New polling at the University of Arkansas shows elderly voters (65 and over) are trending Republican, an obvious problem for Democrats and President Obama given the high voting participation in the group. The difference is more pronounced in the South. The pronounced preference among white elderly voters for Republican identification offsets Democratic leanings among black and Hispanic voters. (For example: elderly Southern whites identify as Republicans 63-23.)
Overall, the results of this survey indicate that the traditional base of support among older voters that Democrats have relied upon since the partisan realignment following the New Deal continues to weaken. While older voters continue to vote in high percentages, compared to younger cohorts, clear support for the Democratic Party is confined largely to African Americans. While older Hispanics generally favored the Democratic Party, they showed substantial willingness to vote for Republican Senatorial candidates in the 2010 midterm election. Further, the traditional Democratic support among older Caucasians continues to decline, particularly among older Caucasians living in the South. If these trends continue, the 2012 presidential election will require the Democratic Party to continue to bring young, and often unreliable, voters to the polls. Further, the Democratic Party must continue to make inroads into the growing Latino/Hispanic population.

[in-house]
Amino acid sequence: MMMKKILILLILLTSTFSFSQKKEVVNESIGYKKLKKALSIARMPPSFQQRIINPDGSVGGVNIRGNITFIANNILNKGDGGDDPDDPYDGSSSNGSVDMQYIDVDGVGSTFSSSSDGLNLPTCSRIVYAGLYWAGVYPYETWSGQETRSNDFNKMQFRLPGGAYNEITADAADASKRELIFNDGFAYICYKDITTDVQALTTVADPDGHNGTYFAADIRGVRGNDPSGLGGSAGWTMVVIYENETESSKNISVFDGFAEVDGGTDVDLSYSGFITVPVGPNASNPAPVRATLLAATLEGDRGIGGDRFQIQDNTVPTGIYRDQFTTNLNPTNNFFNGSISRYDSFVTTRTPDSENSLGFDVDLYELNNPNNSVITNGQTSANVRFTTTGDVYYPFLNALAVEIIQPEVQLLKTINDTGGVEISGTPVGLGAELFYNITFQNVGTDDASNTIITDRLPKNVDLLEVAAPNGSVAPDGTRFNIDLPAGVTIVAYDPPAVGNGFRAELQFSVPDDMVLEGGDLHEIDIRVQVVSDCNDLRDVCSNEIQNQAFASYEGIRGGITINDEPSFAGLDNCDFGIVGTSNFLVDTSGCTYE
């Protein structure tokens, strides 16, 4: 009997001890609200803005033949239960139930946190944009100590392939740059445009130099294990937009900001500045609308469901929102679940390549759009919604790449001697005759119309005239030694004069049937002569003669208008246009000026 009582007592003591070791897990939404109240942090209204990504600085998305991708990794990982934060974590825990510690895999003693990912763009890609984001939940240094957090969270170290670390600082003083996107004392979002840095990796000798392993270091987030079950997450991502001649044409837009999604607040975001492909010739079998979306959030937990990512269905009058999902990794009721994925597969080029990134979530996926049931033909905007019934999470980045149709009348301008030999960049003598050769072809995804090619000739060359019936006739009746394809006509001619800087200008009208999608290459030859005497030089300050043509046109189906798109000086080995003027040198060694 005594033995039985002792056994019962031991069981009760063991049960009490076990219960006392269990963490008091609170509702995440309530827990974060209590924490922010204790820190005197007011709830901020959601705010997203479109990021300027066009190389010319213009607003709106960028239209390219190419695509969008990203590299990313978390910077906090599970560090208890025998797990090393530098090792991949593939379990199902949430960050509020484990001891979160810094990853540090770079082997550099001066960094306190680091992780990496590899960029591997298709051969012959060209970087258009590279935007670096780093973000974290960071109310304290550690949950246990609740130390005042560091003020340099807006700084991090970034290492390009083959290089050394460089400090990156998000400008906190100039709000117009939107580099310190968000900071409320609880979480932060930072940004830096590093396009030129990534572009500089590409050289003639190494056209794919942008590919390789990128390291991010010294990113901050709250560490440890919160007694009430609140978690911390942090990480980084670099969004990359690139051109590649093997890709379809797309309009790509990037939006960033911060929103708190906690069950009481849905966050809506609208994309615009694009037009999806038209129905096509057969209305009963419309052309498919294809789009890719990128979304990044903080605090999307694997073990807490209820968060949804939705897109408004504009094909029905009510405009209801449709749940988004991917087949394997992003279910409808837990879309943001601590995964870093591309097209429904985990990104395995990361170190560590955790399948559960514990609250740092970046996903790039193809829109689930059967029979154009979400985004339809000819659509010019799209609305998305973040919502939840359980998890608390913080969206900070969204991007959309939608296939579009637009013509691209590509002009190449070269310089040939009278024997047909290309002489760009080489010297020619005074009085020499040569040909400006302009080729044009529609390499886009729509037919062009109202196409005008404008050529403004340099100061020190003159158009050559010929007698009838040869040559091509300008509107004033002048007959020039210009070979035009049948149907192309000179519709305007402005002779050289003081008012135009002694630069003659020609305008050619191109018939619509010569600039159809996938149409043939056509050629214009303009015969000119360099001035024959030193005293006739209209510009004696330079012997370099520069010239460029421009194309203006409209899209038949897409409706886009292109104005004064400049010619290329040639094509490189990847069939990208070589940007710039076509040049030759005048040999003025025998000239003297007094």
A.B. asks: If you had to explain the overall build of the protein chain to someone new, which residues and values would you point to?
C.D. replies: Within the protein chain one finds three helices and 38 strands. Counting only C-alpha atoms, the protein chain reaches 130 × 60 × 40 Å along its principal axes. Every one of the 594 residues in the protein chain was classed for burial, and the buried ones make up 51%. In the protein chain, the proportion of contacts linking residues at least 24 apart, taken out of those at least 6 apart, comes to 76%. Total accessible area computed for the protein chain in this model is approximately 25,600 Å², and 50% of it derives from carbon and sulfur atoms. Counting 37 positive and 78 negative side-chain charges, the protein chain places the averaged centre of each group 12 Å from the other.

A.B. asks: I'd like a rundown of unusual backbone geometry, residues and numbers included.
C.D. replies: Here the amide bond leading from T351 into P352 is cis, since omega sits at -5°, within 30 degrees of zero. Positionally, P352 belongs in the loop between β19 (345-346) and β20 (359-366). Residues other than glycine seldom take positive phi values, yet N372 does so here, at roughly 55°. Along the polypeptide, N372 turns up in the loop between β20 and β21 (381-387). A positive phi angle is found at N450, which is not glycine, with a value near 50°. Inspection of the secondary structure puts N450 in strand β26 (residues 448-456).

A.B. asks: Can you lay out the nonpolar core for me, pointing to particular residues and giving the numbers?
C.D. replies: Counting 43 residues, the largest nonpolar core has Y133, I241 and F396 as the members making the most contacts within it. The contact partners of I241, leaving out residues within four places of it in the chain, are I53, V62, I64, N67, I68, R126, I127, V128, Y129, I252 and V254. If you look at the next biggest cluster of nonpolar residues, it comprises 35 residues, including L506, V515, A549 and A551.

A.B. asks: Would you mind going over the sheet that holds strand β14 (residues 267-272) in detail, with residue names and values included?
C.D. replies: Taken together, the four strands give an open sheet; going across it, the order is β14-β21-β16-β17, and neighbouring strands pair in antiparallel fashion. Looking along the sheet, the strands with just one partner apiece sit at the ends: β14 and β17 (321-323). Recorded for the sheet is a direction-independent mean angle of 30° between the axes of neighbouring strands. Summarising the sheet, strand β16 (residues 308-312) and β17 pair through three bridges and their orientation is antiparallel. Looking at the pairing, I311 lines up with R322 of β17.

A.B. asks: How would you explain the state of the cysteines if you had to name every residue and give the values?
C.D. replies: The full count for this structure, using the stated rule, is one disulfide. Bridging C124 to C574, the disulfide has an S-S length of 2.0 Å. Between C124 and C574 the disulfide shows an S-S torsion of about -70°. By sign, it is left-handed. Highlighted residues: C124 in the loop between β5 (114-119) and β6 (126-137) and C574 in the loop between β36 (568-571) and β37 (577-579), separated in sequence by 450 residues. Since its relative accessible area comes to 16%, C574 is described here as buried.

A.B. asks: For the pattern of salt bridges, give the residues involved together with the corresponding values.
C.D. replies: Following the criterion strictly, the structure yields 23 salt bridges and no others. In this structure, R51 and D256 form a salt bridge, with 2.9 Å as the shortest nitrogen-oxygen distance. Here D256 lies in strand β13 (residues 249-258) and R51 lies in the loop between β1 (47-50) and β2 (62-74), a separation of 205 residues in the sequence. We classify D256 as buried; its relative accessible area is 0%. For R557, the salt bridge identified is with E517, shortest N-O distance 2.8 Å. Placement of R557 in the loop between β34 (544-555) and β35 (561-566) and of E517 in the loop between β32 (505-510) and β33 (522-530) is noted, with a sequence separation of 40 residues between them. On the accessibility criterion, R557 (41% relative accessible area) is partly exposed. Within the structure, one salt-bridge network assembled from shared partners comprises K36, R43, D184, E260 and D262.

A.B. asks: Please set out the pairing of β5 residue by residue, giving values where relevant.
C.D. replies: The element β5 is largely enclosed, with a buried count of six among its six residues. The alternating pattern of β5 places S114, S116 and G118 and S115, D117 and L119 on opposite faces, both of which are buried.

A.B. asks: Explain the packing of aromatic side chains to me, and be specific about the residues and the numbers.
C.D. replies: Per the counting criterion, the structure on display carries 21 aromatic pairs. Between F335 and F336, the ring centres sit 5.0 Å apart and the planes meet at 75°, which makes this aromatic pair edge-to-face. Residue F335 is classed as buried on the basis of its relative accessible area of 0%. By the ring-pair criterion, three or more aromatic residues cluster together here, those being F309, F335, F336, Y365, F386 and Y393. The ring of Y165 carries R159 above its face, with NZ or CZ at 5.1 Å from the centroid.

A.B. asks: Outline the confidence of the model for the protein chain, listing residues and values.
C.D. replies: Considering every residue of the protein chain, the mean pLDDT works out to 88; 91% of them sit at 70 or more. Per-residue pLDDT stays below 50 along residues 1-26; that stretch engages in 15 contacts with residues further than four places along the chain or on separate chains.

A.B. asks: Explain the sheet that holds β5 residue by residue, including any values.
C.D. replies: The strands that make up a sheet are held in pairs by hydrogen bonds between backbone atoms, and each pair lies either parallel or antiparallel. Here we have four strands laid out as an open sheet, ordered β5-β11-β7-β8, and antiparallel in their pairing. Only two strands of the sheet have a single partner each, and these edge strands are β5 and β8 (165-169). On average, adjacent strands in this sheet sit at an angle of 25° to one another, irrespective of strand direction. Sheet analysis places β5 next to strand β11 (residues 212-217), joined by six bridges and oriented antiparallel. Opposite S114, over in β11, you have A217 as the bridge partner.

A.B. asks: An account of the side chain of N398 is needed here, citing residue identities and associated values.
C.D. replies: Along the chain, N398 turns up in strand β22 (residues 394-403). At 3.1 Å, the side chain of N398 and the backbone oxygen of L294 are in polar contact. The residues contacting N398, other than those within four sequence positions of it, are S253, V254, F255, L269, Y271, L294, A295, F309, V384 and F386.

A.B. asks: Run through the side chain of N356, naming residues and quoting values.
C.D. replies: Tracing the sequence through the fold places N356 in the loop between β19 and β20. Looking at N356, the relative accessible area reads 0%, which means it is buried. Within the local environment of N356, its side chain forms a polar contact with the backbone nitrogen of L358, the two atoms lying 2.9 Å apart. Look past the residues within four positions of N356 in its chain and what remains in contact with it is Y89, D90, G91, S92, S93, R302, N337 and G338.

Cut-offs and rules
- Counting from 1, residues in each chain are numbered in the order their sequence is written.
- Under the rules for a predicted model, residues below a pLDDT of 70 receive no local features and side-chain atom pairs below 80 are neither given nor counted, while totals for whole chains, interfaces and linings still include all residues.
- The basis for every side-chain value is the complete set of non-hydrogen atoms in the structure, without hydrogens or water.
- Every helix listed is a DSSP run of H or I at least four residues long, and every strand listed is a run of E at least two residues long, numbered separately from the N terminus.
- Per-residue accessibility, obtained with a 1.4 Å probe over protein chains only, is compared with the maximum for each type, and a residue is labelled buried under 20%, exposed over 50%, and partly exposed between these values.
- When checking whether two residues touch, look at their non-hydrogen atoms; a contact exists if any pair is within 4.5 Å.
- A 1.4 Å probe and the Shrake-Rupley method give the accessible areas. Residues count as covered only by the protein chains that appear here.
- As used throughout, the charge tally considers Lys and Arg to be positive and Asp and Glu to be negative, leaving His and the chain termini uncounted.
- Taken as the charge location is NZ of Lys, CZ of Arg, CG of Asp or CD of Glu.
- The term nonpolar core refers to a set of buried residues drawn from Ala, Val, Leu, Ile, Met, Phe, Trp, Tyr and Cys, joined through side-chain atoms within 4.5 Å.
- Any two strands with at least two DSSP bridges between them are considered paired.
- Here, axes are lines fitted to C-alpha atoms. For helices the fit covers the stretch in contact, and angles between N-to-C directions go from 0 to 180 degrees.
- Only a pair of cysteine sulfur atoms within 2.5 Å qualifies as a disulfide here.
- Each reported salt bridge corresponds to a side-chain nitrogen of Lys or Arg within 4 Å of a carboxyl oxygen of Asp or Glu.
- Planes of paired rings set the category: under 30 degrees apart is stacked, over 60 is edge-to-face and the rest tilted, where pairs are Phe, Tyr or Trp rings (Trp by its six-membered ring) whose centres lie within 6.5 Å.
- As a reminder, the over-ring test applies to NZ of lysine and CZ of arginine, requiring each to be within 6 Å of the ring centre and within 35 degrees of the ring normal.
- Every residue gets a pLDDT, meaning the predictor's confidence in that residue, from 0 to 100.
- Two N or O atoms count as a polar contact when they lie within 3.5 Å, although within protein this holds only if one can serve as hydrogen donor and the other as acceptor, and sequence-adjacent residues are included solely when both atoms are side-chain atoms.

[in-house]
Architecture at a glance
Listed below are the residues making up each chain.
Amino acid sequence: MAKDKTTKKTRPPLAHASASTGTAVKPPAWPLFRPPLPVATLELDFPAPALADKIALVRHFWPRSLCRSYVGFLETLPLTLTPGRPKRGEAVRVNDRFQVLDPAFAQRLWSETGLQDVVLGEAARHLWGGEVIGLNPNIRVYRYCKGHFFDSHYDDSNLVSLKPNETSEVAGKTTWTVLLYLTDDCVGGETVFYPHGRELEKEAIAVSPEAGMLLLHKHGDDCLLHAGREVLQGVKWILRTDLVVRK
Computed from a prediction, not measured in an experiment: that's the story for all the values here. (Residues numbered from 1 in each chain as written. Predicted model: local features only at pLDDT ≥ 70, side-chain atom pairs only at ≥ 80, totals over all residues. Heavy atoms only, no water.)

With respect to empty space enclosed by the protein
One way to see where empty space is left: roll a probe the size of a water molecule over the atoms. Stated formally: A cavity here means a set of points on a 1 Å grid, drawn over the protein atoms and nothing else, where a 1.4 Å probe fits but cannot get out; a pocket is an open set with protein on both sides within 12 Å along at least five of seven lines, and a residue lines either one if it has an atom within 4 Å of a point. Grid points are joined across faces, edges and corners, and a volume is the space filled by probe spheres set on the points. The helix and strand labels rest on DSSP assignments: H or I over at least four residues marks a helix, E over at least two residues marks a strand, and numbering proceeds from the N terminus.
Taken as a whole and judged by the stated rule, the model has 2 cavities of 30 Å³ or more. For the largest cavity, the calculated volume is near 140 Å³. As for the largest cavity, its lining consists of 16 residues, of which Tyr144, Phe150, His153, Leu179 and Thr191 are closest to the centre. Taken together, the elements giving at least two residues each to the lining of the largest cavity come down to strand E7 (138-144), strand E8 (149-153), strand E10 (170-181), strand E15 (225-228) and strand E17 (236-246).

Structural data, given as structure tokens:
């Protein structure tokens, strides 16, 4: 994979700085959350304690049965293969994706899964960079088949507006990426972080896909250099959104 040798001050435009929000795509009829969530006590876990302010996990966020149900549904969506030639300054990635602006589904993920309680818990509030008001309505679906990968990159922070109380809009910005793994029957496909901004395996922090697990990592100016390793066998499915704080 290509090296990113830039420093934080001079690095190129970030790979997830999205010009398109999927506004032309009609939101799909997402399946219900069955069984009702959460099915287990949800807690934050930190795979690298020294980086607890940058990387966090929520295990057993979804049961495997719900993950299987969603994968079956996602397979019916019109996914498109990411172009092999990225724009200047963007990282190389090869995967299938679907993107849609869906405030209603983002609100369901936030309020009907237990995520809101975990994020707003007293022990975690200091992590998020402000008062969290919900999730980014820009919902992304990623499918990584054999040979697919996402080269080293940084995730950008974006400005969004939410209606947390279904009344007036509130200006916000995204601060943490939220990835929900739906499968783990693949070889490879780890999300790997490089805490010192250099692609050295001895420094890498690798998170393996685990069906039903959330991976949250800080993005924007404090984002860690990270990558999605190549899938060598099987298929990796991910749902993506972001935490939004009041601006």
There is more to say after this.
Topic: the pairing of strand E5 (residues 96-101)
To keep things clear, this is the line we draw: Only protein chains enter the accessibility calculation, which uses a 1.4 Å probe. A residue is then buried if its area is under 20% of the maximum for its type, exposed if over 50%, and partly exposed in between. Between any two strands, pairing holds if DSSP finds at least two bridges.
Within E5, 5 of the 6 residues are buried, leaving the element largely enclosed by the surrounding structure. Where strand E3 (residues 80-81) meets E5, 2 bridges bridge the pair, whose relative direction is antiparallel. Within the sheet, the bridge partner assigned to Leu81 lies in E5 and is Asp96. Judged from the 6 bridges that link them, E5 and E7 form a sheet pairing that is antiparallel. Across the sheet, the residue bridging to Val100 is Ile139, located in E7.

You understand now why, in destroying Medicare, Republicans have promised to retain the system as it exists for older voters and why they lied so often about Medicare in the 2010 election.
The good news for Democrats is, as Brummett notes today, the poor Republican presidential field.